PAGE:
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// University News

10 May 2016

Loughborough tackles food waste with app concept

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A smartphone app concept devised by Loughborough has the potential to prevent an estimated 1.5 million tonnes of food from being wasted each year in the UK.

The Pantry app aims to change consumer behaviour and attitudes towards food waste by encouraging us to forward plan and take greater ownership of our food.

The UK generates about 15 million tonnes of food waste per year[1], with almost half of this attributable to the consumer. It is estimated that 4.2 million tonnes of UK domestic food waste is avoidable[2], with the cost of this avoidable food waste for a family of four calculated at £720 per year.

In a study conducted by the Centre for Sustainable Manufacturing and Recycling Technologies (SMART) at Loughborough University, 10 volunteers[3] recorded a description of their food waste, its weight and the reason for discarding it – while using a mobile phone to help demonstrate how the Pantry app would work over a seven-day period.

The functions of the proposed app include:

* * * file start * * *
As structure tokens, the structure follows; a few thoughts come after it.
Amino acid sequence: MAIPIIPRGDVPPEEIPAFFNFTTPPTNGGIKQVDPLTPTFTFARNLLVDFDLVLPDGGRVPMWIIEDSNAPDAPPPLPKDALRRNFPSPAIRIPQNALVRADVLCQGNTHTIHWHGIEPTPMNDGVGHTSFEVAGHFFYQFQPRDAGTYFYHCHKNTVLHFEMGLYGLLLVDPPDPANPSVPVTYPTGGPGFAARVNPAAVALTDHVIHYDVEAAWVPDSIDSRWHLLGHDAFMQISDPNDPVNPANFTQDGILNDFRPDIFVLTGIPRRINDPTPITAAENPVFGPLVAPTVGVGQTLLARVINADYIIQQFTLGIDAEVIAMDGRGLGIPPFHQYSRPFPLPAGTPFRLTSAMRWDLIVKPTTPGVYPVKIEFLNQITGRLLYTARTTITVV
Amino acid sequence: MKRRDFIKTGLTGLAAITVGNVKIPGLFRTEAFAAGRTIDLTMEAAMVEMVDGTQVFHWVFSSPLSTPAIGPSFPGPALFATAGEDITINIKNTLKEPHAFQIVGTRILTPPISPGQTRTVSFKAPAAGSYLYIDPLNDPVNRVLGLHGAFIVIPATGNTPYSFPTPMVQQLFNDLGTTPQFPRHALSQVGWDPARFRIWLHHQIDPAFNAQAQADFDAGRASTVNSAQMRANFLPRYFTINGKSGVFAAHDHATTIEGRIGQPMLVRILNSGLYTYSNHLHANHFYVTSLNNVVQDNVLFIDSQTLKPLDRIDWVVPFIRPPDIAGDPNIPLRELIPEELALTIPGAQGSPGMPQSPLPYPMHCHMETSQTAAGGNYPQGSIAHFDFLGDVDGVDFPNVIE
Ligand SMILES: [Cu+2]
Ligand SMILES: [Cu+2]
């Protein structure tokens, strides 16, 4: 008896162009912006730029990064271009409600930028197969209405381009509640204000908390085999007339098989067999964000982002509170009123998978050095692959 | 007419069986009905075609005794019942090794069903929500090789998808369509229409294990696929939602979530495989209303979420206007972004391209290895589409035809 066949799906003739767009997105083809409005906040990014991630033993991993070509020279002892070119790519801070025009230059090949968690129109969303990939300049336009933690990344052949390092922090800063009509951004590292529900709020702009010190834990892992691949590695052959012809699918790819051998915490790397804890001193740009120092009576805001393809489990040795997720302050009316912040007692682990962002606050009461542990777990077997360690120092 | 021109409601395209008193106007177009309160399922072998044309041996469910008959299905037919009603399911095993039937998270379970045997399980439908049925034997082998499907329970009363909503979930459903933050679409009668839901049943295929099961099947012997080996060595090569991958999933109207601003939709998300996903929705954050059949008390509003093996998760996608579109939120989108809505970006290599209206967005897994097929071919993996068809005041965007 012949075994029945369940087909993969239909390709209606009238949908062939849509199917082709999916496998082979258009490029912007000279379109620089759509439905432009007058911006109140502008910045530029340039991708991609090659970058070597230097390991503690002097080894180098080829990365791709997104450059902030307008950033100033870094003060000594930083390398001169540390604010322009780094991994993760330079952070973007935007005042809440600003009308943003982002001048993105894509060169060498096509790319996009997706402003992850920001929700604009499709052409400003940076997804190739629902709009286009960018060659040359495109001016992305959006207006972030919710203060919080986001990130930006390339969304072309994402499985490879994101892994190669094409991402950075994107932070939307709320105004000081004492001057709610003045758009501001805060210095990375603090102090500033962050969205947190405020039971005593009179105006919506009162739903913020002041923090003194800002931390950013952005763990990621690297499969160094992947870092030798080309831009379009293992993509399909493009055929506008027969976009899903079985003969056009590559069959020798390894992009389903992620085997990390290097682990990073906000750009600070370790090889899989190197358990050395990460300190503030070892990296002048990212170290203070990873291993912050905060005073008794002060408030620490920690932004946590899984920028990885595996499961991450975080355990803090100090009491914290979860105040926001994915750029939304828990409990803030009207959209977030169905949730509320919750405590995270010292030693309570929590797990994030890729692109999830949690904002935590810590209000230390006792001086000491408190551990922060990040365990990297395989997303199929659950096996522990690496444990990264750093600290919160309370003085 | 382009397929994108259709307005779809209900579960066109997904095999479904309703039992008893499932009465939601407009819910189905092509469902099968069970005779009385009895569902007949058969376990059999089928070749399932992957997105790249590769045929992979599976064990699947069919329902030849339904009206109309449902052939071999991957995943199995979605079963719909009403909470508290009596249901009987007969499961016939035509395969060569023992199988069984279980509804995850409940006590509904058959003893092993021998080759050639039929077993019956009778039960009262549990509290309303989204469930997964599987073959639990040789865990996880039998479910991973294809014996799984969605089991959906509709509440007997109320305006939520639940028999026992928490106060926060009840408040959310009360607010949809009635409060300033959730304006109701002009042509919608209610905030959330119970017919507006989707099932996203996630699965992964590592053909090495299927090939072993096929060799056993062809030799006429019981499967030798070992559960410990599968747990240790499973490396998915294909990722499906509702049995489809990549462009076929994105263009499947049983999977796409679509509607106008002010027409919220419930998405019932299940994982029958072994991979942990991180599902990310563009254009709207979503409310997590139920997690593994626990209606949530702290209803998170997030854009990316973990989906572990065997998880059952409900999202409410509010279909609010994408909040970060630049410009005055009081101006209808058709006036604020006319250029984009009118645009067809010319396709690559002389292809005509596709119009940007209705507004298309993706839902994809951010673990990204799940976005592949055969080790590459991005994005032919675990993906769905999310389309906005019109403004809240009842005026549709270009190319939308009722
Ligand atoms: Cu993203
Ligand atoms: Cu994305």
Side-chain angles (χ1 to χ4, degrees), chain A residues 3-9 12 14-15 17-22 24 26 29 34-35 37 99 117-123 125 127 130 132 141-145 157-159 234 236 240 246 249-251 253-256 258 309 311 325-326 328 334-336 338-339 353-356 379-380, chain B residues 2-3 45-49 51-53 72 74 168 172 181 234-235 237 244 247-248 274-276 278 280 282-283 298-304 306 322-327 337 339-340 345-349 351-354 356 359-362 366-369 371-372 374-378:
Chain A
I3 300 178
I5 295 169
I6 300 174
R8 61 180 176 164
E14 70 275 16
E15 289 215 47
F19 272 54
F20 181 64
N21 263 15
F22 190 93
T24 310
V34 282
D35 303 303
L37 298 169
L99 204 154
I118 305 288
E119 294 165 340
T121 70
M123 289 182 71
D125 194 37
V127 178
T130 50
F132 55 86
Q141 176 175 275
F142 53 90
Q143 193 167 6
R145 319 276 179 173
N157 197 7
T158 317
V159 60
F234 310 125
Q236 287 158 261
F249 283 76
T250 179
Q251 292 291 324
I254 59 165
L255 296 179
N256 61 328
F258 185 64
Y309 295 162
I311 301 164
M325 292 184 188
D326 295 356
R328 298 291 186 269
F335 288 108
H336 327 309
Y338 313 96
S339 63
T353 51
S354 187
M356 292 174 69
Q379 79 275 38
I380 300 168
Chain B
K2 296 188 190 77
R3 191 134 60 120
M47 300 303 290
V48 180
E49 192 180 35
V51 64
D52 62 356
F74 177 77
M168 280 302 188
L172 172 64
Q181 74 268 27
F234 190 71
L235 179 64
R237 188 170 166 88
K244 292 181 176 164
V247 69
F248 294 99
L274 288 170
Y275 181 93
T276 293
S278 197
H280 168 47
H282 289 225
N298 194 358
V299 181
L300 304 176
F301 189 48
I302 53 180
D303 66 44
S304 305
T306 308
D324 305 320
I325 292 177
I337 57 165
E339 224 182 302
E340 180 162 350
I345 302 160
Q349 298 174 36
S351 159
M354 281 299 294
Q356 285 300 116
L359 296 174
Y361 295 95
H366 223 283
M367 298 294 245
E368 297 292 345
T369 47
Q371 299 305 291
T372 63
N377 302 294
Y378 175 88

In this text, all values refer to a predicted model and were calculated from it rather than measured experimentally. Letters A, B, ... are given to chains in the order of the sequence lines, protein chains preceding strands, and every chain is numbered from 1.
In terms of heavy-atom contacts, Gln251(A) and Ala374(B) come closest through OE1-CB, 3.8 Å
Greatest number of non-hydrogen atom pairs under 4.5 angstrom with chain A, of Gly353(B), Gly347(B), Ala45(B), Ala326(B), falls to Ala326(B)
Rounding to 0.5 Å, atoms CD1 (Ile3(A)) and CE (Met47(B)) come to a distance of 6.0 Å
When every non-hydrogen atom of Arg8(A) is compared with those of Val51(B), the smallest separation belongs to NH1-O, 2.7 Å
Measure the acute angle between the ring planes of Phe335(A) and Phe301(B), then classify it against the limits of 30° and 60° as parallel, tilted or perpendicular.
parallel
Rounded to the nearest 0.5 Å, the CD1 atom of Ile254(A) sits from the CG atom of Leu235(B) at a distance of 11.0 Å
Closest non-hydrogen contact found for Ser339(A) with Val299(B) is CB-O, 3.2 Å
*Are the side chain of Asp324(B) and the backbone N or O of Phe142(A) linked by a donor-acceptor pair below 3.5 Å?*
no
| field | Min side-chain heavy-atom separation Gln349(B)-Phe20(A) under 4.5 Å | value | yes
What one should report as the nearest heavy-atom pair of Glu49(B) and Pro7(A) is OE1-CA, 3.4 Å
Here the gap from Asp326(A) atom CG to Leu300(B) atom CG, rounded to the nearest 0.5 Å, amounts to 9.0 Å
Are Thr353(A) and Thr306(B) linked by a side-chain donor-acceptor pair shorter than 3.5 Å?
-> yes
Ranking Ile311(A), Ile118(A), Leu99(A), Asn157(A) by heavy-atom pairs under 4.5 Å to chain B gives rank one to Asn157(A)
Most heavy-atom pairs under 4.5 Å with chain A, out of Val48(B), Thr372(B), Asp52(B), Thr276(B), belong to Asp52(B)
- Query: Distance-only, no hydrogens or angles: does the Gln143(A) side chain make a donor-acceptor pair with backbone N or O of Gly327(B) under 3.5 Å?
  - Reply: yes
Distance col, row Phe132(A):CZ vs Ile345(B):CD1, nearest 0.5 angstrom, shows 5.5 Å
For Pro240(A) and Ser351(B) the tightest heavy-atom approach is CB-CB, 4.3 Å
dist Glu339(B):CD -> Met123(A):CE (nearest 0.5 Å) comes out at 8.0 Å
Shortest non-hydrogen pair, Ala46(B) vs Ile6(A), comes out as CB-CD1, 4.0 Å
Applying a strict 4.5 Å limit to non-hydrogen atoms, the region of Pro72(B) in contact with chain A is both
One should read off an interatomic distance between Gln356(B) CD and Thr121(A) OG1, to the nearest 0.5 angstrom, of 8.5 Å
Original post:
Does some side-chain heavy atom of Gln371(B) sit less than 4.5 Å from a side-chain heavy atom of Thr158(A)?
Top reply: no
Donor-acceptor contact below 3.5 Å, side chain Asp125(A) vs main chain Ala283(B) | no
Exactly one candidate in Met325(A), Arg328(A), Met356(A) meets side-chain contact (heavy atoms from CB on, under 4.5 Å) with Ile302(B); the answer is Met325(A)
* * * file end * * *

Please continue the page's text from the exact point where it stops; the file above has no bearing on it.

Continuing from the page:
• A stock list to allow consumers to keep an inventory of when the food was purchased, including expiry (use-by and best before) dates
  • An expiry tracker which operates in parallel with the stock list, linked to an alarm to help notify when items are about to exceed the use-by date
  • A recipe recommendation – advanced versions of the app could include details of what to cook with food left in the fridge/freezer. This function could be linked to a meal planner or retailer internet shopping sites for easy purchase of additional items.

The study showed that as a result of using the app, there was a reduction of 34% food waste across the five food types. Scaled-up for all food types in the UK, this would equate to savings of around 1.5 million tonnes of food waste per year.

[1] Waste and Resources Action Plan (WRAP), 2014. Estimates of food and packaging waste in the UK grocery retail and hospitality supply chain.

[2] Quested, T., Ingle, R. & Parry, A., 2013. Household Food and Drink Waste in the United Kingdom 2012, WRAP.

[3] Of a range of ages, occupations, gender, and living in different types of residential housing.


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